Driving back from a recent consultation I was listening to the daily BBC report on NPR. (yes they have some worthy programming) The date was the 20 anniversary of the start of the Rwanda genocide during which some 800,000 people lost their lives to a savagery that shocked the world. One hundred days of unspeakable cruelty in a country that I believe at the time was considered around 90% “Christian.” 

Jackie Northam, the Canadian reporter involved, tells the story of interviewing a Hutu man some months later who was involved in the killings. “He told me they were people he’d been friends with and regularly shared dinner with. He was a godfather to one of the children he killed. He couldn’t explain why; he said he didn’t know what came over him.” This is likely what a lot of prosecutors heard from the testimonies of those accused of similar atrocities during the reign of terror in Hitler’s Nazi Germany. But the real telling part of the Northam piece is what she says at the end. 

For me, this sums up the Rwanda genocide. It’s like a madness took over the country, turning otherwise normal, reasonable, loving people into monsters. It took me a long time afterward to try to make sense of what I had witnessed.

But I finally concluded there was no use trying. I believe mankind, at its base, is good. What happened in Rwanda 20 years ago was an aberration. (you can read the article and listen to her story here)

Here in a nutshell is one of the essentials that distinguishes those who function from a biblically informed view vs those who still, in spite of all that history has shown us, hold to the secular/humanist faith system. We recognize that the bible is true in what it teaches about our basic nature. That we are sinful and when left to our own devices we will choose evil. (think Lord of the Flies) Yes we are made in the image of God and have great capacity for good works. But as illustrated during this terrible chapter in human existence when all restraint is thrown off we all have the capacity to butcher our neighbors just as happened in Rwanda and we all have the capacity to act just like the Nazi’s in Germany in the 1930’s and ’40’s. If we don’t understand this then we don’t truly grasp the depth of God’s grace on the cross. Without a true understanding of our own capacity for evil we cannot know the full grace of Christ.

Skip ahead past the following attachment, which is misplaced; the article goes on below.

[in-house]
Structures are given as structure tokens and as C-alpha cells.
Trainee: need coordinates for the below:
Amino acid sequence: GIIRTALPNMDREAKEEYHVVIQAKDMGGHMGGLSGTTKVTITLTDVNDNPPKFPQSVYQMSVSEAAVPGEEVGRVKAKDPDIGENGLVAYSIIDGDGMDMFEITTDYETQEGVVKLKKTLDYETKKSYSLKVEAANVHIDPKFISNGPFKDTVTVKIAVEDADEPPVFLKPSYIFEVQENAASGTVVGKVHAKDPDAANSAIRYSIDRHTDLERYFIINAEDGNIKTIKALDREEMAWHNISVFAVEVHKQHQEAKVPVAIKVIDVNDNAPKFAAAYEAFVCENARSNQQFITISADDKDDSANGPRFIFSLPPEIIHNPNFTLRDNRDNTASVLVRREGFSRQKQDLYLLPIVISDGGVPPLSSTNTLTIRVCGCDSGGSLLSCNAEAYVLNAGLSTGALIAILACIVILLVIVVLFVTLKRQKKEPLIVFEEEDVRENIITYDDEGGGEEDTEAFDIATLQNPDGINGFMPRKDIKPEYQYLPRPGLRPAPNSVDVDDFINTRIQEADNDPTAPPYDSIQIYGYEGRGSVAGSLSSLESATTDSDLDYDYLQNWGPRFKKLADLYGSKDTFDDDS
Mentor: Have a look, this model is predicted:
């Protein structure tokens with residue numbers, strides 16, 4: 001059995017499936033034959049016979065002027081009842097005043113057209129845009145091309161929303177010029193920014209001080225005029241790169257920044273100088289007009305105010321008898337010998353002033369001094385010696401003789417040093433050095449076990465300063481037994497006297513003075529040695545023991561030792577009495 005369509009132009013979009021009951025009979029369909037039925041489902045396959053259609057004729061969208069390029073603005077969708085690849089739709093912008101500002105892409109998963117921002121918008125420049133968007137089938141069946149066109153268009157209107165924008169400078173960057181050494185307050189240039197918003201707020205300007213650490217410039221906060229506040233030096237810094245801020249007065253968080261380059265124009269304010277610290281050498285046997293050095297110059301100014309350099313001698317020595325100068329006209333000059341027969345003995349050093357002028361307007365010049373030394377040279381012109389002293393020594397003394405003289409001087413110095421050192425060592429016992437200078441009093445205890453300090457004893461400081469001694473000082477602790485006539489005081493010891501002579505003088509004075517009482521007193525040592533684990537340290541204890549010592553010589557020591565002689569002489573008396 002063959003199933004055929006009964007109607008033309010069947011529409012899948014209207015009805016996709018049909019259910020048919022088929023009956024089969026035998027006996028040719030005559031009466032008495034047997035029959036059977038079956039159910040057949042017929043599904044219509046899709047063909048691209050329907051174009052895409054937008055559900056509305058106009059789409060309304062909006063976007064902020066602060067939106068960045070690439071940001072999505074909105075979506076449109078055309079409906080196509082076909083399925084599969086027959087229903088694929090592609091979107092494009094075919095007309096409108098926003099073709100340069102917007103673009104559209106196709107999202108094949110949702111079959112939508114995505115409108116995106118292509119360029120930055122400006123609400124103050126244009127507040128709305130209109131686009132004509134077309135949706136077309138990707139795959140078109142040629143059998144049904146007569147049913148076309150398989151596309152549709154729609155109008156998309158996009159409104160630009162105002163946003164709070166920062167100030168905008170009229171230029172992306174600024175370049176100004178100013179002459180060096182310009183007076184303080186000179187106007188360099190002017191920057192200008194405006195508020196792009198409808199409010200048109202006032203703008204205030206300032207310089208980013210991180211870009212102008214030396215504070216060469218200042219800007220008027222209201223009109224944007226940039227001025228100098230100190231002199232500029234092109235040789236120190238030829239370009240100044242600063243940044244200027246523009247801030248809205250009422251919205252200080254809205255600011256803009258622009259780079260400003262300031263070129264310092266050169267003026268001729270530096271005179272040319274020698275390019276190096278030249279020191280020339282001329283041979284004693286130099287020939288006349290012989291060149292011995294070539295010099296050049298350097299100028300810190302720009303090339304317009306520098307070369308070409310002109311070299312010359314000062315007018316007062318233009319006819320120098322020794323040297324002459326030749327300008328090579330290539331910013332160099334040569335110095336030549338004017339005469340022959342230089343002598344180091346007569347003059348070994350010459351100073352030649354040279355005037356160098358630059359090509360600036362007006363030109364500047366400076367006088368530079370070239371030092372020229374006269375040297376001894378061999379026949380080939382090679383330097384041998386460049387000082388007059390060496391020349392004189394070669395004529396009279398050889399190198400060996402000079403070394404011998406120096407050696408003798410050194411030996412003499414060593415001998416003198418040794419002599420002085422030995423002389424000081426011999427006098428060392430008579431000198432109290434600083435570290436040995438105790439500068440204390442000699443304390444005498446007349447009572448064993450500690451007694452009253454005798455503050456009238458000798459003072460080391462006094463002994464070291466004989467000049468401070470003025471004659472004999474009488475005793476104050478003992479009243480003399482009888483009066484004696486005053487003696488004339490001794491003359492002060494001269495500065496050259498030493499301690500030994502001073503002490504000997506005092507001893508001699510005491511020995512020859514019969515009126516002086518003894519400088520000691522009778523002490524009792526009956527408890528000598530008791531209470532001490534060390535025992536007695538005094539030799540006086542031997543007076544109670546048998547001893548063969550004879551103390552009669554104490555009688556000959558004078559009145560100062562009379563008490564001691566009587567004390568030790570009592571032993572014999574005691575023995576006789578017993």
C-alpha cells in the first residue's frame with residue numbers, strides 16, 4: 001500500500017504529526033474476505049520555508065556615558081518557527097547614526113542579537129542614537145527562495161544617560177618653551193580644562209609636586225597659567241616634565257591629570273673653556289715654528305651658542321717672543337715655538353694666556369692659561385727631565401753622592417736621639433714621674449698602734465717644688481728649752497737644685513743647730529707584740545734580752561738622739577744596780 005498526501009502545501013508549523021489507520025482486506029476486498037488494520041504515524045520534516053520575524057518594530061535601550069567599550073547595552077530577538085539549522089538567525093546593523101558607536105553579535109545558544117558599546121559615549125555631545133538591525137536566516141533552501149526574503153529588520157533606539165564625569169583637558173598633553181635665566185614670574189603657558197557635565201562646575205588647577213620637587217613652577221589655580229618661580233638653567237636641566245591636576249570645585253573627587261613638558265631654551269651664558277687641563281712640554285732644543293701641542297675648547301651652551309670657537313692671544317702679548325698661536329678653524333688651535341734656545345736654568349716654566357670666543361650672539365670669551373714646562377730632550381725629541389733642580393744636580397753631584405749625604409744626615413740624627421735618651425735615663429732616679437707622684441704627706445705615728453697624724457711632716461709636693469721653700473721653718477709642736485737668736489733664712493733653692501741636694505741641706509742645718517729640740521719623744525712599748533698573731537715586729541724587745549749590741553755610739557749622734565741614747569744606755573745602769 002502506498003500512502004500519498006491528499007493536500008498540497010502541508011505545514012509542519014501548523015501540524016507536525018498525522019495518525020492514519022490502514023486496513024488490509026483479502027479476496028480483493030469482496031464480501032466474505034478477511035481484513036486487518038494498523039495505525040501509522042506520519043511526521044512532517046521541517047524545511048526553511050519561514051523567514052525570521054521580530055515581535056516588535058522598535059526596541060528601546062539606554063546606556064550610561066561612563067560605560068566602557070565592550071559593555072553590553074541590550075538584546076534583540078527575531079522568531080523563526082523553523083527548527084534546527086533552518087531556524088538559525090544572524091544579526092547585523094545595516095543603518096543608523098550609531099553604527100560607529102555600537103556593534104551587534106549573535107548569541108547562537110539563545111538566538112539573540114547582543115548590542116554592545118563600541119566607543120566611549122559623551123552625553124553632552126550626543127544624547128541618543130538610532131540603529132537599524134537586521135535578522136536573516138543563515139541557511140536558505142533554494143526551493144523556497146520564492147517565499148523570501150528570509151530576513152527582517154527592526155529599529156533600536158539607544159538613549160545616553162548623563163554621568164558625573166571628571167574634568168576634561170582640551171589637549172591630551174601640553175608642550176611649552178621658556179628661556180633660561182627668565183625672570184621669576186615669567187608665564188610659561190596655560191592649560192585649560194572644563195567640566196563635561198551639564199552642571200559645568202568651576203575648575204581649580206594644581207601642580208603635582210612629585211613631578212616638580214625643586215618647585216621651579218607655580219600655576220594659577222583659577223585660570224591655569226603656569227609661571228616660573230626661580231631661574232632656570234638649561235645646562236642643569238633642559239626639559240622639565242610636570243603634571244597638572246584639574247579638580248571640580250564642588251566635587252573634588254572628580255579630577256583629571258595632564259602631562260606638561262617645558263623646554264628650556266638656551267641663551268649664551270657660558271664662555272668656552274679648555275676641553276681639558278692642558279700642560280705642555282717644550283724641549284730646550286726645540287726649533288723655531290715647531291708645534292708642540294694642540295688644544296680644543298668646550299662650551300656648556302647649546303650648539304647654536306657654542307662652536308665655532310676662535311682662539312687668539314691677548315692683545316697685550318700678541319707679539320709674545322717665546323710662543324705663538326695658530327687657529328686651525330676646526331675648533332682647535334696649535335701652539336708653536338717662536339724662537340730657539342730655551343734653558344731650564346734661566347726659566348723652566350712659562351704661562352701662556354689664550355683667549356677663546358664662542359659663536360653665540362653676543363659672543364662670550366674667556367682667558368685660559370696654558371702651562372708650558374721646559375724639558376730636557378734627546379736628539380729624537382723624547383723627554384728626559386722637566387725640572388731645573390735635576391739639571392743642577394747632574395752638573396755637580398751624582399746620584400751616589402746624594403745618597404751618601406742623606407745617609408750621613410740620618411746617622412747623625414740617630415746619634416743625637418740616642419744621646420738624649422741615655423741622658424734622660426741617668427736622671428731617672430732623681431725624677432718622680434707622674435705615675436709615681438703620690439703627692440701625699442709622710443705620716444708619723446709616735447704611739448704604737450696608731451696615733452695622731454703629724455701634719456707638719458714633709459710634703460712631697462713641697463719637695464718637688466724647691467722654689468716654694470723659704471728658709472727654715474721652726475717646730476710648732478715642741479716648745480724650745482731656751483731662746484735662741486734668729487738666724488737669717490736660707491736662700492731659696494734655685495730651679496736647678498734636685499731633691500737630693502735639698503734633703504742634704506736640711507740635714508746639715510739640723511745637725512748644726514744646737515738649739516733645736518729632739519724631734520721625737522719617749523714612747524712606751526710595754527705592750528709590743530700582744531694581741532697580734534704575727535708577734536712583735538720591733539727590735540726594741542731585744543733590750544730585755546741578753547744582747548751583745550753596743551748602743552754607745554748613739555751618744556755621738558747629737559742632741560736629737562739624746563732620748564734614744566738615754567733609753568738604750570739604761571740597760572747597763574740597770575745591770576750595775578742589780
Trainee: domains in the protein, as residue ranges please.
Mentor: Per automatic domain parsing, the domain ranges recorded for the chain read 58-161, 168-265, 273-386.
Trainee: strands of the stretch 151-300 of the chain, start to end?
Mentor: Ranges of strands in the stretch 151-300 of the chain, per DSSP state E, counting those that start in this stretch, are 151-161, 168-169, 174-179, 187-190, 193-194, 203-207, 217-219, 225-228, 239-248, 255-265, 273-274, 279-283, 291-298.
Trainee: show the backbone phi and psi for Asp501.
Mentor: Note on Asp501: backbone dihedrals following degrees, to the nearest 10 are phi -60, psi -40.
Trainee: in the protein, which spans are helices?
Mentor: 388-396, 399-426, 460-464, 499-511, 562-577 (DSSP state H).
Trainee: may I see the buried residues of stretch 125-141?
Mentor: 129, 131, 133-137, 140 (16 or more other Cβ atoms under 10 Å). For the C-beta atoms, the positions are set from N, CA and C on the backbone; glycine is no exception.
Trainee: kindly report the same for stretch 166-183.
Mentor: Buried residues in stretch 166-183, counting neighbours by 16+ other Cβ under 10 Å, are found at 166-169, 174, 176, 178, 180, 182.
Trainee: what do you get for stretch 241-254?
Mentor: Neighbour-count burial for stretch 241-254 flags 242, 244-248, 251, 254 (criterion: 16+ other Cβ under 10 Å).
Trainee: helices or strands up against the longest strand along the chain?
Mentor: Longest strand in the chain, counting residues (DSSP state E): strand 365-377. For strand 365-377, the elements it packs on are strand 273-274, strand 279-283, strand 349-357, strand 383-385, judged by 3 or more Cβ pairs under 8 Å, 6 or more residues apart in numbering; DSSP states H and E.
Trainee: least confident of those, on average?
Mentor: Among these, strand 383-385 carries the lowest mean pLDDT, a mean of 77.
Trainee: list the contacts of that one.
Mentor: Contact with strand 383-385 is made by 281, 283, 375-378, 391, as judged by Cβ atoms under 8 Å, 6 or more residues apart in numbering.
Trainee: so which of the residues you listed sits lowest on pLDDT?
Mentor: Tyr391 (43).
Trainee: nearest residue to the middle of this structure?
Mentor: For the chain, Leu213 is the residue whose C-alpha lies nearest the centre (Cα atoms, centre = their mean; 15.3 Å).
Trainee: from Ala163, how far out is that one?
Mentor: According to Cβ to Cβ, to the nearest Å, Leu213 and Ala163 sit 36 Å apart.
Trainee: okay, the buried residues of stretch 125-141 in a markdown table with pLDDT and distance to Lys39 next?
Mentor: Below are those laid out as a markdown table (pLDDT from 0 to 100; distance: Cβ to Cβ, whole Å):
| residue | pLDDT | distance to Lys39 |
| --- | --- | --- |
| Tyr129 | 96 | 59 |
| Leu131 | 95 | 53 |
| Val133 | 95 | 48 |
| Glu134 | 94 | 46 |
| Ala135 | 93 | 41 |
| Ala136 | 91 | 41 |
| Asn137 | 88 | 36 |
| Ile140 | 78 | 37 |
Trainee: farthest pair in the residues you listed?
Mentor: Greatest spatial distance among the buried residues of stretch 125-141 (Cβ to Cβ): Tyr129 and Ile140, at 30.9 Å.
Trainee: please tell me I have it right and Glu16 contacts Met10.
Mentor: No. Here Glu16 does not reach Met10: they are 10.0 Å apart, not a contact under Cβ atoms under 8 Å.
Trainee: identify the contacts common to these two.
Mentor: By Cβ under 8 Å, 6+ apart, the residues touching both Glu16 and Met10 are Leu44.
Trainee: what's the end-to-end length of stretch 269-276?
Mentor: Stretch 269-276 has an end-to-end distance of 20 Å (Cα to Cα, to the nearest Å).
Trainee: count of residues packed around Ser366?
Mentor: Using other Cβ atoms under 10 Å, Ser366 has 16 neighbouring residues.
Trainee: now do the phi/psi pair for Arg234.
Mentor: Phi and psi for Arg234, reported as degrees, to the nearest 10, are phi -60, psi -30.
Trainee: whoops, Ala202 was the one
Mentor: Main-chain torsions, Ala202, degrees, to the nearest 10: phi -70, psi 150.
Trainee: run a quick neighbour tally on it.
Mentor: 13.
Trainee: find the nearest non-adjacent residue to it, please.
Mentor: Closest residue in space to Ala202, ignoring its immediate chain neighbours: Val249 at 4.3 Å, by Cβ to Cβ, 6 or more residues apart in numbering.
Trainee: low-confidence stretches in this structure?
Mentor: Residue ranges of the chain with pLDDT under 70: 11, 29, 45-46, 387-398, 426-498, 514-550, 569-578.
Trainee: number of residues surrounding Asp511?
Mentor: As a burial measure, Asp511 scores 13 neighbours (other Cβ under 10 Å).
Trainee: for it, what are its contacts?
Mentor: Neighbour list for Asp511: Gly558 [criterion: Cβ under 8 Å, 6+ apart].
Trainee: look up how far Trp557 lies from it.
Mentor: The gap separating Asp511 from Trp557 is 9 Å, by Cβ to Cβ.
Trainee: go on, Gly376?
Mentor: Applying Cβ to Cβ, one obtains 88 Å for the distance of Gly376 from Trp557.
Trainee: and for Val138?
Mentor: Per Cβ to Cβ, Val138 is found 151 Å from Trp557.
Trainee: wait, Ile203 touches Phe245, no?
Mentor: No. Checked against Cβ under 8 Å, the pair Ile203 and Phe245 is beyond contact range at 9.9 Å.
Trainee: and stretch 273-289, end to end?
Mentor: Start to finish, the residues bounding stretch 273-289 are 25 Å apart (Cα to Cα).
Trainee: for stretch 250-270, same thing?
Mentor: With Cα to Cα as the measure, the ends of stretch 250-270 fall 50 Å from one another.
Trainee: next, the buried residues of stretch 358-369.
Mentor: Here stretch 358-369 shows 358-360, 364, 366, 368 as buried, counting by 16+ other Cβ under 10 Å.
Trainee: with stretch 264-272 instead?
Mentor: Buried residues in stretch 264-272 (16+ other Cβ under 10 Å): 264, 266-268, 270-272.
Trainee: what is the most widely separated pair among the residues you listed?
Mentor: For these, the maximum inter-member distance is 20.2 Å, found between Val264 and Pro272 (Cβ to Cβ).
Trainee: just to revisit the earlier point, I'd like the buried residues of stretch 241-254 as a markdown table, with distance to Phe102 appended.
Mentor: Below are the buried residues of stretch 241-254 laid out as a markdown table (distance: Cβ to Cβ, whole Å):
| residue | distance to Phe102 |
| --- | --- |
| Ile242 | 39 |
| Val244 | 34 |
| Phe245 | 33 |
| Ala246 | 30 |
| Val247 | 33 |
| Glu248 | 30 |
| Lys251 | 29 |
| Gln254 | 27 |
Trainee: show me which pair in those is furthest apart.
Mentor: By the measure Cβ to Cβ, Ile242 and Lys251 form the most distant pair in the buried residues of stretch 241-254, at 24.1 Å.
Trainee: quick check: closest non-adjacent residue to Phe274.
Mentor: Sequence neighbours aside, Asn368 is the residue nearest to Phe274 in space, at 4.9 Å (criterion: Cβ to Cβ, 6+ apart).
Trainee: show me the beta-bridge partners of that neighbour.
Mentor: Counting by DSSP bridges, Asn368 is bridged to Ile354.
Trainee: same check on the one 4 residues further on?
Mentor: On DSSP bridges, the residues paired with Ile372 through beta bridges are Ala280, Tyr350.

The question of how this could have happened in a country considered mostly “Christian” is a post for a later time. Also for a later time is the discussion surrounding the term “faith based organization.” I would argue there isn’t a person on earth working for an NGO or other charitable organization that isn’t doing it based on a faith system of some sort.